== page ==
LCNC-SEC-01: Account Impersonation
Risk Rating *
No-code/Low-code applications can be embedded with a developer account which is used implicitly by any application user. This creates a direct path towards Privilege Escalation, allows an attacker to hide behind another user’s identity, and circumvents traditional security controls.
Identities are embedded within the application, and multiple users can use that application. This creates a direct path to privilege escalation, where application users can gain access levels they should not typically have.
No-code/low-code applications can take advantage of embedded user accounts rather than having their own application identity. Embedded identities can belong to the application creator, or they could be a common identity shared by teams, such as database credentials. They could also be service account or shared identities.
The lack of application identity makes hides the application’s existence from monitoring systems outside the no-code/low-code platform. As an outside viewer, any user that uses the application is impersonating the application’s creator, and there is no way to distinguish between the application and its creator. The problem becomes even more acute when applications use different identities to operate on various platforms. In such a case, one user could be used to store files on a file-sharing SaaS and another user to retrieve on-premise data.
Example Attack Scenarios
A developer creates a simple application to view records from a database. They use their identity to log into the database, creating a connection embedded within the application. Every action users perform in the application ends up querying the database with the developer’s identity. A malicious user takes advantage of this and uses the application to view, modify or delete records they should not have access to. Database logs indicate that all queries were made by a single user, the app developer.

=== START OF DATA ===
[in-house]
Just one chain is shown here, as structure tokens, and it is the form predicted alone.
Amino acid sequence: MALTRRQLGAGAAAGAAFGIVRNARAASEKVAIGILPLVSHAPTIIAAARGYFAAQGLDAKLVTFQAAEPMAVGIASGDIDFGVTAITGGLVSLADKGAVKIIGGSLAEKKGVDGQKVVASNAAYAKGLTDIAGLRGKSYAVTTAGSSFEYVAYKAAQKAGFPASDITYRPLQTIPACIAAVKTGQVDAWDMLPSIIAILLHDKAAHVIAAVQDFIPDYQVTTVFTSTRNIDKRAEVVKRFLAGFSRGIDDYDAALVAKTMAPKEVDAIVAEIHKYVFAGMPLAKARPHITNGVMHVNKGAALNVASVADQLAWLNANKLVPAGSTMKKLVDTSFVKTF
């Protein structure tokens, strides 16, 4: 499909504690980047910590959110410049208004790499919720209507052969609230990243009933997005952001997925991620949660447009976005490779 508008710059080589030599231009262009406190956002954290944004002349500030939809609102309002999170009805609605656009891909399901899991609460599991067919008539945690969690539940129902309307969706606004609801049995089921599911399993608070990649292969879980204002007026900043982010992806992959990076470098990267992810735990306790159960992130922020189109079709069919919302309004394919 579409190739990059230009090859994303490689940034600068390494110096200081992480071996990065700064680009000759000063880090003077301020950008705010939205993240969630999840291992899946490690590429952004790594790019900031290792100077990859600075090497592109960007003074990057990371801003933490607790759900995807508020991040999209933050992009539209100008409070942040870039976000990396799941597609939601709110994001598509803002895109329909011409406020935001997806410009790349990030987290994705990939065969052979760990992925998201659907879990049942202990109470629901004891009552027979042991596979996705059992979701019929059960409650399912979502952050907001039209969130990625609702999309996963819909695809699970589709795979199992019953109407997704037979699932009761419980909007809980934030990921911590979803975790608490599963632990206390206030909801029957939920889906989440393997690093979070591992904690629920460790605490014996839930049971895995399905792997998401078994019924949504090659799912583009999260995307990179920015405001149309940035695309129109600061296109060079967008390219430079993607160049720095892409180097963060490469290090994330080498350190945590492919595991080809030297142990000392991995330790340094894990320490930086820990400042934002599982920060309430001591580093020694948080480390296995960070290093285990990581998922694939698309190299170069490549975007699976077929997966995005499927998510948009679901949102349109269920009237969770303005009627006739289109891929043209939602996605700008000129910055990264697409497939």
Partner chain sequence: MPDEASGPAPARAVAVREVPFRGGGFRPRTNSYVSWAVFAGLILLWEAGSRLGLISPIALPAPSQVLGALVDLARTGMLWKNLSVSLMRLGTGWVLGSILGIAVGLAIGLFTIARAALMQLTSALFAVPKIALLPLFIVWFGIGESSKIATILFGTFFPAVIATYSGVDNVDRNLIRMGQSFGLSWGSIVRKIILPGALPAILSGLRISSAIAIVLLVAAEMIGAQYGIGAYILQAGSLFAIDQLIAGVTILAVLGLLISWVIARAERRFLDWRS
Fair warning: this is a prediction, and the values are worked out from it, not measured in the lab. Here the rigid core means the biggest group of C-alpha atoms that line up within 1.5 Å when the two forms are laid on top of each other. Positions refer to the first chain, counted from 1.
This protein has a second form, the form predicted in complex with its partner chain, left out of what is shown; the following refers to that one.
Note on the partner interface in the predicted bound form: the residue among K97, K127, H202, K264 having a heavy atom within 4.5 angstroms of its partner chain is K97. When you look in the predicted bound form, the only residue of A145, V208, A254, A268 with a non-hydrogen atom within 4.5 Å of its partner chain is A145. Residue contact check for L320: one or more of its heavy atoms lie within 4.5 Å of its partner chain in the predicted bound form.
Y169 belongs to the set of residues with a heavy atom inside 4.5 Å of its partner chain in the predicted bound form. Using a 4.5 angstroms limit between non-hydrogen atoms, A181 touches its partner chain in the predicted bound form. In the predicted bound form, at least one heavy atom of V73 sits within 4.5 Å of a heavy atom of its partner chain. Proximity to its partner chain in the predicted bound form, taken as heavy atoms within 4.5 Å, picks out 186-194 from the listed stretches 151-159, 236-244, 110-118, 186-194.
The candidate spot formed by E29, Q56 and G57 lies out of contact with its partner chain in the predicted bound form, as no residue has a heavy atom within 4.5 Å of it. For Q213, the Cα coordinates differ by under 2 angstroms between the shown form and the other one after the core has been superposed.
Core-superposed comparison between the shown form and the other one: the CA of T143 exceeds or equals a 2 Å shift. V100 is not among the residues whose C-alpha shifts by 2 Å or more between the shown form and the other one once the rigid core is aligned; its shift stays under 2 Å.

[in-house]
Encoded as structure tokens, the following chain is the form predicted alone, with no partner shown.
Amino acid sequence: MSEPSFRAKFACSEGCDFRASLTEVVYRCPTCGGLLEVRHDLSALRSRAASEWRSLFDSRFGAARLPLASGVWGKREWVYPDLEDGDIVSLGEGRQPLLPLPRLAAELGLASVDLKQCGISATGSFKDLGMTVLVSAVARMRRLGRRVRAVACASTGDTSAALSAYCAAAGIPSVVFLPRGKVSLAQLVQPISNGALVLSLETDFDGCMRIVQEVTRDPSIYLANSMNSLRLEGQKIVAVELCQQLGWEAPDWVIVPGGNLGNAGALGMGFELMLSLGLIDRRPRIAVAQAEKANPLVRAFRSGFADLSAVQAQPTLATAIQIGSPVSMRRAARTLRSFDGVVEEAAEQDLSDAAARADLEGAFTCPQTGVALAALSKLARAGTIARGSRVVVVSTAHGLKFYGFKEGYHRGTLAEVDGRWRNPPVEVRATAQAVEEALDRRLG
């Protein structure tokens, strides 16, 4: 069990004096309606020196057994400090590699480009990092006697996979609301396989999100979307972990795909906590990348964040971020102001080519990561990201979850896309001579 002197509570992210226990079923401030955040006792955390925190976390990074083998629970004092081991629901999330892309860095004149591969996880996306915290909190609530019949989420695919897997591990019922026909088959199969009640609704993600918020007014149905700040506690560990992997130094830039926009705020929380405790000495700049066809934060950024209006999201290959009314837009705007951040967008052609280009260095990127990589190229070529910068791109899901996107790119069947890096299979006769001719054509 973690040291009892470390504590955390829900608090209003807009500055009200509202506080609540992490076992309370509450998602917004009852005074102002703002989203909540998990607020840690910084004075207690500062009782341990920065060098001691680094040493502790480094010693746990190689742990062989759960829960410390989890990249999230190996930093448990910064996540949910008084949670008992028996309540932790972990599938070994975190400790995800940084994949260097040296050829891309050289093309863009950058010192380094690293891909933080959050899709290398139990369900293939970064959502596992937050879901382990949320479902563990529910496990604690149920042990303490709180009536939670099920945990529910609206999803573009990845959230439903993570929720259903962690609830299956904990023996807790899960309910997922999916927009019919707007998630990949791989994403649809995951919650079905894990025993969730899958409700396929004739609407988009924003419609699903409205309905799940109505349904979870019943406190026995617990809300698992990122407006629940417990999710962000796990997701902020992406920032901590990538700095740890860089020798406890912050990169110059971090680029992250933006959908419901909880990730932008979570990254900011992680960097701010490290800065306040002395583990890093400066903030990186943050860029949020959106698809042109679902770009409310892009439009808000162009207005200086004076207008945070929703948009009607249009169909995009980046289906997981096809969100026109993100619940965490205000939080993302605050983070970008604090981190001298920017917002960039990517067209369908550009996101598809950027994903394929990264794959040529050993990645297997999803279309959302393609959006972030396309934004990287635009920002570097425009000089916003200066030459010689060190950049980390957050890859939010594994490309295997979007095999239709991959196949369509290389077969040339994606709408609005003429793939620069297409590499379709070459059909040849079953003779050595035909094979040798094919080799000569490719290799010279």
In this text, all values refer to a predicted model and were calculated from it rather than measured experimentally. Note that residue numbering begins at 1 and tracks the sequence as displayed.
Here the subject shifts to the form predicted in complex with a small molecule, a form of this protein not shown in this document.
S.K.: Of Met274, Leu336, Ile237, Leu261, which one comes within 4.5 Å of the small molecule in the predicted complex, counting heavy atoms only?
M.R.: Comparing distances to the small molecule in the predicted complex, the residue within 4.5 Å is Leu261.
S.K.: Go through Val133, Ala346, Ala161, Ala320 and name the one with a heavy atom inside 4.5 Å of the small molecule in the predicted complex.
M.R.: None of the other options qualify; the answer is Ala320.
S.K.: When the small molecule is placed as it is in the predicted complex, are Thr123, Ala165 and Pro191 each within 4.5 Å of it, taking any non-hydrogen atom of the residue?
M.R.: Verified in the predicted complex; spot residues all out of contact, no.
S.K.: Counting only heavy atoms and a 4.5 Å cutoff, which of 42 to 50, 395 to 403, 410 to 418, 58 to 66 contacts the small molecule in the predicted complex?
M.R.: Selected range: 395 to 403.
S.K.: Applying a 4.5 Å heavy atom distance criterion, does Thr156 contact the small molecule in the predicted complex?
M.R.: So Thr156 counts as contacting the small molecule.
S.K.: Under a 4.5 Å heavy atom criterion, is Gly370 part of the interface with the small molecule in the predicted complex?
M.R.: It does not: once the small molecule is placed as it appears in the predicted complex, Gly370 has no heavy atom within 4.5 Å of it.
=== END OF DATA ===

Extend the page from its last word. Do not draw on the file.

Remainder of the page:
A developer creates a business application that allows corporate employees to fill out forms with their information. To store form responses, the developer uses their personal email account. Users have no way of knowing that the app is storing their data on the developer’s personal account.
A developer creates a business application and shares it with an admin. The developer configures the app to use its user’s identity. Aside from its stated purpose, the app also uses its user’s identity to elevate the privileges of the developer. Once the admin uses the app, they inadvertently elevate the developer’s privileges.
How to Prevent
- Adhere to the principle of least privilege when provisioning connections to databases/services/SaaS.
- Ensure applications use dedicated service or application accounts rather than user accounts.
- Ensure applications use a single consistent identity across all their connections, rather than a different identity for each. Use a dedicated service or application account for those connections.
- Ensure a proper audit trail is maintained to identify the actor behind actions performed through the shared connection, whether those connections are shared by virtue of users using the application or by granting users access to that connection directly.